Dwight McBride, president of The New School who gave the keynote address, brought the audience to its feet to sing the first verse of the Black national anthem, Lift Every Voice and Sing, in an emotional moment during Friday's ceremony. Other speakers included Rutgers students and alumni, Rutgers Board of Governors Chair Mark Angelson, New Jersey Gov. Phil Murphy and professors and administrators representing Rutgers-New Brunswick, Rutgers-Newark, Rutgers-Camden and Rutgers Biomedical and Health Sciences.
Part of Holloway’s plan for focusing on access to education includes raising $50 million to support the Scarlet Promise Grants, a student need-based aid program that he said will build a pathway to a better world. The program – which provides undergraduate scholarships and emergency, temporary relief to those facing unexpected hardship – has been a focus of Holloway’s since his first day as university president July 1, 2020, when he announced a $10 million campaign for the program that is now complete.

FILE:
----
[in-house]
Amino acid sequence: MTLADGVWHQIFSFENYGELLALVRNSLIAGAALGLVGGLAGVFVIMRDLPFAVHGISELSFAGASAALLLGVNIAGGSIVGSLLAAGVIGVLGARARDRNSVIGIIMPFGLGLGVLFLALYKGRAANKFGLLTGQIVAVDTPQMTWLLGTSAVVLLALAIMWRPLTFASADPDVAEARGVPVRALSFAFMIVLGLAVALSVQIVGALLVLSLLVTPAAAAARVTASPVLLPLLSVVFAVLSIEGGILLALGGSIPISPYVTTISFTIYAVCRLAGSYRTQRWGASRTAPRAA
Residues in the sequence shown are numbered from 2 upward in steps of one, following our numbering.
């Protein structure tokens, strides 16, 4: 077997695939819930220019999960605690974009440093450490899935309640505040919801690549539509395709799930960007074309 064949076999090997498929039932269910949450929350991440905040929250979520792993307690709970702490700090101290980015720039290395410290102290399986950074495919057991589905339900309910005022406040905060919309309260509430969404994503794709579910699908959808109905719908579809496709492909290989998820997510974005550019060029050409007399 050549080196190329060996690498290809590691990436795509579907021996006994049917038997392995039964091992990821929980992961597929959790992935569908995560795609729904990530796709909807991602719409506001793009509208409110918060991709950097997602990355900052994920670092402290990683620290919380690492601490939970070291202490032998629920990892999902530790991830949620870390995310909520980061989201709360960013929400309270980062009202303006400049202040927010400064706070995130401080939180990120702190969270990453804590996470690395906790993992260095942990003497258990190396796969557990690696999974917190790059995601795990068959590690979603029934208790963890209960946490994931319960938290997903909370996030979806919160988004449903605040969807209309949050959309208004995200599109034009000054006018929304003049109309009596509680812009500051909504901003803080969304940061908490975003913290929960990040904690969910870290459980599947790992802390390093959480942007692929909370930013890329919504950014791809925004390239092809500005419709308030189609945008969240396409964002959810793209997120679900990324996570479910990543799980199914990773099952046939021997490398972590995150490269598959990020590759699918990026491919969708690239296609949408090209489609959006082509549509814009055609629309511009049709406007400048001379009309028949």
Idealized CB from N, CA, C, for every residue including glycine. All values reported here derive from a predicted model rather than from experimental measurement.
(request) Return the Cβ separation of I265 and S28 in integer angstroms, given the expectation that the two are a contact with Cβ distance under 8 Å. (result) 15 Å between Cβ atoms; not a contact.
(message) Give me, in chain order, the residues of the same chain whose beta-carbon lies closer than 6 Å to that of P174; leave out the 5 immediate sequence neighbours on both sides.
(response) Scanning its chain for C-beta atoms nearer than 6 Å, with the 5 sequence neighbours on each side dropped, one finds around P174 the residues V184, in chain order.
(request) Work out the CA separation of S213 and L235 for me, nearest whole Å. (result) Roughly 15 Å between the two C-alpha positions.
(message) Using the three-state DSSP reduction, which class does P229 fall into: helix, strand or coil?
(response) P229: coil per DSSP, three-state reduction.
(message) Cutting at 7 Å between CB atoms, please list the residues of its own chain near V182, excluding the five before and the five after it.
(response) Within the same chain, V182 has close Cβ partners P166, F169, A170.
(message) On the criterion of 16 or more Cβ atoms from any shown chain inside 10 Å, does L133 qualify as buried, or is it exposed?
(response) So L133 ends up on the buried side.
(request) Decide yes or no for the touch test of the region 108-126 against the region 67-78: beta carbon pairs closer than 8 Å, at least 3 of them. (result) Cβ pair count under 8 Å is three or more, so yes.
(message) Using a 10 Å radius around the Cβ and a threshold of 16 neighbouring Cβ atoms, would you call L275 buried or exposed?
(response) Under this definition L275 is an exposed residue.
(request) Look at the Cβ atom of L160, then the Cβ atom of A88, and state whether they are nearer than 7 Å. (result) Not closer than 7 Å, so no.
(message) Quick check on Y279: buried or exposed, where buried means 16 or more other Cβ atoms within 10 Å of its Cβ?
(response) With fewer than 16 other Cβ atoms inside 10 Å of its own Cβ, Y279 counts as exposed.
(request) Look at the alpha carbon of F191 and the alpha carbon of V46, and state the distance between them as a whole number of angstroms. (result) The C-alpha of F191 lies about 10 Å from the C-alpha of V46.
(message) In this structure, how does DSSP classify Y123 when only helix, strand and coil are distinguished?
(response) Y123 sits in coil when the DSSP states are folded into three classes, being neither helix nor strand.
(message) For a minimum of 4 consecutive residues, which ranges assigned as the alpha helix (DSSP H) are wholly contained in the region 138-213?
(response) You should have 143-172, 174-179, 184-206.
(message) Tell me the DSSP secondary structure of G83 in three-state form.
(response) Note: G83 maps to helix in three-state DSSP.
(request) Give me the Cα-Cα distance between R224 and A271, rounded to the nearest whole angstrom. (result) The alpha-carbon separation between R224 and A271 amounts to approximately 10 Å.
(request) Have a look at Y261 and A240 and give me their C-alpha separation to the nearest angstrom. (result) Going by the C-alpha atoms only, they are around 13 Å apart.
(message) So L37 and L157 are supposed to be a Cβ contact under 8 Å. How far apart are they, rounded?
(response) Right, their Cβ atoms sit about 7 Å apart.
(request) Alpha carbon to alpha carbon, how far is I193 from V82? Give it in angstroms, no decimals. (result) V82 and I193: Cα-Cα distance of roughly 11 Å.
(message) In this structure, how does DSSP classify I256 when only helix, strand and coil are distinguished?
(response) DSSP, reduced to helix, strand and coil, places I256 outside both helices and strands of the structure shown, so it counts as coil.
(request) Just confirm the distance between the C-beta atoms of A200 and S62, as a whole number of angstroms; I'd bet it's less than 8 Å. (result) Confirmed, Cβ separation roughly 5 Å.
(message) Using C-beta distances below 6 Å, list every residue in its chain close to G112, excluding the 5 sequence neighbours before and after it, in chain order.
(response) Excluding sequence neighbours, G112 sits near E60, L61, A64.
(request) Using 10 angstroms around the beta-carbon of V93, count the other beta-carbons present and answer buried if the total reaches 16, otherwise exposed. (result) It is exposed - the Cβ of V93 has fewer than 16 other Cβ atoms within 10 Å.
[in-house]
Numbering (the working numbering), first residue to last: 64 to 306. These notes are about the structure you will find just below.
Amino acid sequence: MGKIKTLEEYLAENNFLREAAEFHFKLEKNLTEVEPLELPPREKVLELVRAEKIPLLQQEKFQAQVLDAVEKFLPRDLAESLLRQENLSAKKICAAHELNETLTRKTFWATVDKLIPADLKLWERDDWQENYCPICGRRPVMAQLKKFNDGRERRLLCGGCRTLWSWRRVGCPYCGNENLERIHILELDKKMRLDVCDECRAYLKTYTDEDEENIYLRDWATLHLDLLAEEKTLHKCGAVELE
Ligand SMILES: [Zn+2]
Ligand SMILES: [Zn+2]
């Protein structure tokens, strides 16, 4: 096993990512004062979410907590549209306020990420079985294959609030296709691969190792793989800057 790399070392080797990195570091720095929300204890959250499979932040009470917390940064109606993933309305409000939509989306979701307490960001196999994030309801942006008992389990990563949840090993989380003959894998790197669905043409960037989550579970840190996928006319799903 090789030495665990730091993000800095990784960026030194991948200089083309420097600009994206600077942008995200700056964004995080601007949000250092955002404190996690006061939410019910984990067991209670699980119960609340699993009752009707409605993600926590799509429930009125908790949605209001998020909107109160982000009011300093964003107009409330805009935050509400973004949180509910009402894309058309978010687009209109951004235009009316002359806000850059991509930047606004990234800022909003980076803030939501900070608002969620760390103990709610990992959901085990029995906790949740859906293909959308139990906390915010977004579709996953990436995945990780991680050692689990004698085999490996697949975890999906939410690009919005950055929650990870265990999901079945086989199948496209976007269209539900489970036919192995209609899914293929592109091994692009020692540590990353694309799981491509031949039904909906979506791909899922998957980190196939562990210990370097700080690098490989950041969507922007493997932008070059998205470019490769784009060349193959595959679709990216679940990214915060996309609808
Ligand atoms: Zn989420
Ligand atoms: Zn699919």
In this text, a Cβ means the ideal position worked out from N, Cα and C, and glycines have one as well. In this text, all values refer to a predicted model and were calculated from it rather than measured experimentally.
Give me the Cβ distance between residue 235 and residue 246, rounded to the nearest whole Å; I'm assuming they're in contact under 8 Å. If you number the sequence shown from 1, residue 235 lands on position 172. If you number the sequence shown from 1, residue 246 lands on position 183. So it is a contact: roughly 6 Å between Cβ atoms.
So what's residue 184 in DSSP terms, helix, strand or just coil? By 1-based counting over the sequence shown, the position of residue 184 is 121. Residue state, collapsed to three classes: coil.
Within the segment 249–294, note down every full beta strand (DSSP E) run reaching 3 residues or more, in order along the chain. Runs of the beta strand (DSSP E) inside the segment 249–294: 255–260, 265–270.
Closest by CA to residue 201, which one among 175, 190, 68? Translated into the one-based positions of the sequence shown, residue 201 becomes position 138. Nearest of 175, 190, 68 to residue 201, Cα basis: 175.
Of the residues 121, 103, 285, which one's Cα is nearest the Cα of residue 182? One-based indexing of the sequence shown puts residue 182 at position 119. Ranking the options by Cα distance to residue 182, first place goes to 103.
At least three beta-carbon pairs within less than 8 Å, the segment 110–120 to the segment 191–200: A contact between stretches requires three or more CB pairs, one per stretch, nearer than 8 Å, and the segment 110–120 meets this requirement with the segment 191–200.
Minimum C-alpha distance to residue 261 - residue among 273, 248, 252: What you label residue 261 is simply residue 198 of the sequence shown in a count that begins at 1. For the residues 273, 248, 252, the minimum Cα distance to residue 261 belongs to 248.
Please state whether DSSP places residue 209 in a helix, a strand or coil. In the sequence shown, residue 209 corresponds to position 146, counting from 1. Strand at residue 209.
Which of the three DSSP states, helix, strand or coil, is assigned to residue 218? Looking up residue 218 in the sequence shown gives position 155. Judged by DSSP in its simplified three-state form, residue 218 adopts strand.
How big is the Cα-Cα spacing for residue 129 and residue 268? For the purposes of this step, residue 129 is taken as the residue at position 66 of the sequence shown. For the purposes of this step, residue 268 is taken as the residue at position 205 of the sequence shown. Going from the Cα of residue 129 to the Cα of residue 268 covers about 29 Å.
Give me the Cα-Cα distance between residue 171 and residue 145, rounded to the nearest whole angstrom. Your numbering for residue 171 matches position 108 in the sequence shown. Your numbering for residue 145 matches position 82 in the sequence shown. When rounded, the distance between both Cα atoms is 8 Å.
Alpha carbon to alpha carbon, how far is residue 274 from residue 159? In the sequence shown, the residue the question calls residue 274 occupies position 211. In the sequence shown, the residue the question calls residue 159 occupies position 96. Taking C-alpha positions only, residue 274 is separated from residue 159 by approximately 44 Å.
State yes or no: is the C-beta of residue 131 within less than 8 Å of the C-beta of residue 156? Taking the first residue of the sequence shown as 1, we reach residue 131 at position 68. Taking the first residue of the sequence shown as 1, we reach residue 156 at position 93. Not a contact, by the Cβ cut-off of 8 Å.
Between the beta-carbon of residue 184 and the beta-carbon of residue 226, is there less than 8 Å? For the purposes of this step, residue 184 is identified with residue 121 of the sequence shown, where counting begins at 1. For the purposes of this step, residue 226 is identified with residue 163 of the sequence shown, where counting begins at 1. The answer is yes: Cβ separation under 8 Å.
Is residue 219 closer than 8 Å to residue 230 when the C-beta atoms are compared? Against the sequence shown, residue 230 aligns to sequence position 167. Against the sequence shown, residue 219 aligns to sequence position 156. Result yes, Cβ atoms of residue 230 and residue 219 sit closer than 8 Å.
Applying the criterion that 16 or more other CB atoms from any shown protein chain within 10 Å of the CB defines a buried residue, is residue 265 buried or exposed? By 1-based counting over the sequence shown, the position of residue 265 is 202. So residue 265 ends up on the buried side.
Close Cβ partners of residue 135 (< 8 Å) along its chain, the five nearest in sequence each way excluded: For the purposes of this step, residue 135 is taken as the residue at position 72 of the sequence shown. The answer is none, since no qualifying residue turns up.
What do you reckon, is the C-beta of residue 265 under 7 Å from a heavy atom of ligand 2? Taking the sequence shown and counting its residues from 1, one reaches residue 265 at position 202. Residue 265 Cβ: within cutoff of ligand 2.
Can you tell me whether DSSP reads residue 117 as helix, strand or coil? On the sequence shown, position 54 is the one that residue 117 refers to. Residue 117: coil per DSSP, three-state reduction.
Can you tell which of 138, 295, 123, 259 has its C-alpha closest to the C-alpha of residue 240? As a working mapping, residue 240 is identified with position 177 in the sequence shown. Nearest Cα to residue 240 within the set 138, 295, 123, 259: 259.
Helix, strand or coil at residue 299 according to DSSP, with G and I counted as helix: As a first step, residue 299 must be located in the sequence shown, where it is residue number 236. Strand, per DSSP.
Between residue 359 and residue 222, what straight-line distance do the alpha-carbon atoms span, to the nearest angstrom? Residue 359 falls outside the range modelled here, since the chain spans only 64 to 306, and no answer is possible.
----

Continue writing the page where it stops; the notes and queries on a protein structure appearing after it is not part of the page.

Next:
“I have seen the great work that it can do, I have seen your enthusiasm for it and now, together, we are going to make a powerful statement to our students about how much we believe in them and their ability to change the world,” Holloway said.
He also announced the creation of the Rutgers Summer Service initiative, administered by the Eagleton Institute of Politics and Rutgers Career Exploration and Success, which will offer up to 150 second- and third-year students paid summer public service internships working for nonprofit organizations.
“Students will work for nonprofits, serve the broader community and gain the opportunity to learn about people who are unlike themselves – who face different struggles and come from different backgrounds, countries, races or religions,” said Holloway, a prominent historian whose scholarly work focuses on post-emancipation U.S. history. “Participating in this program will make our students better citizens and our world a better place.”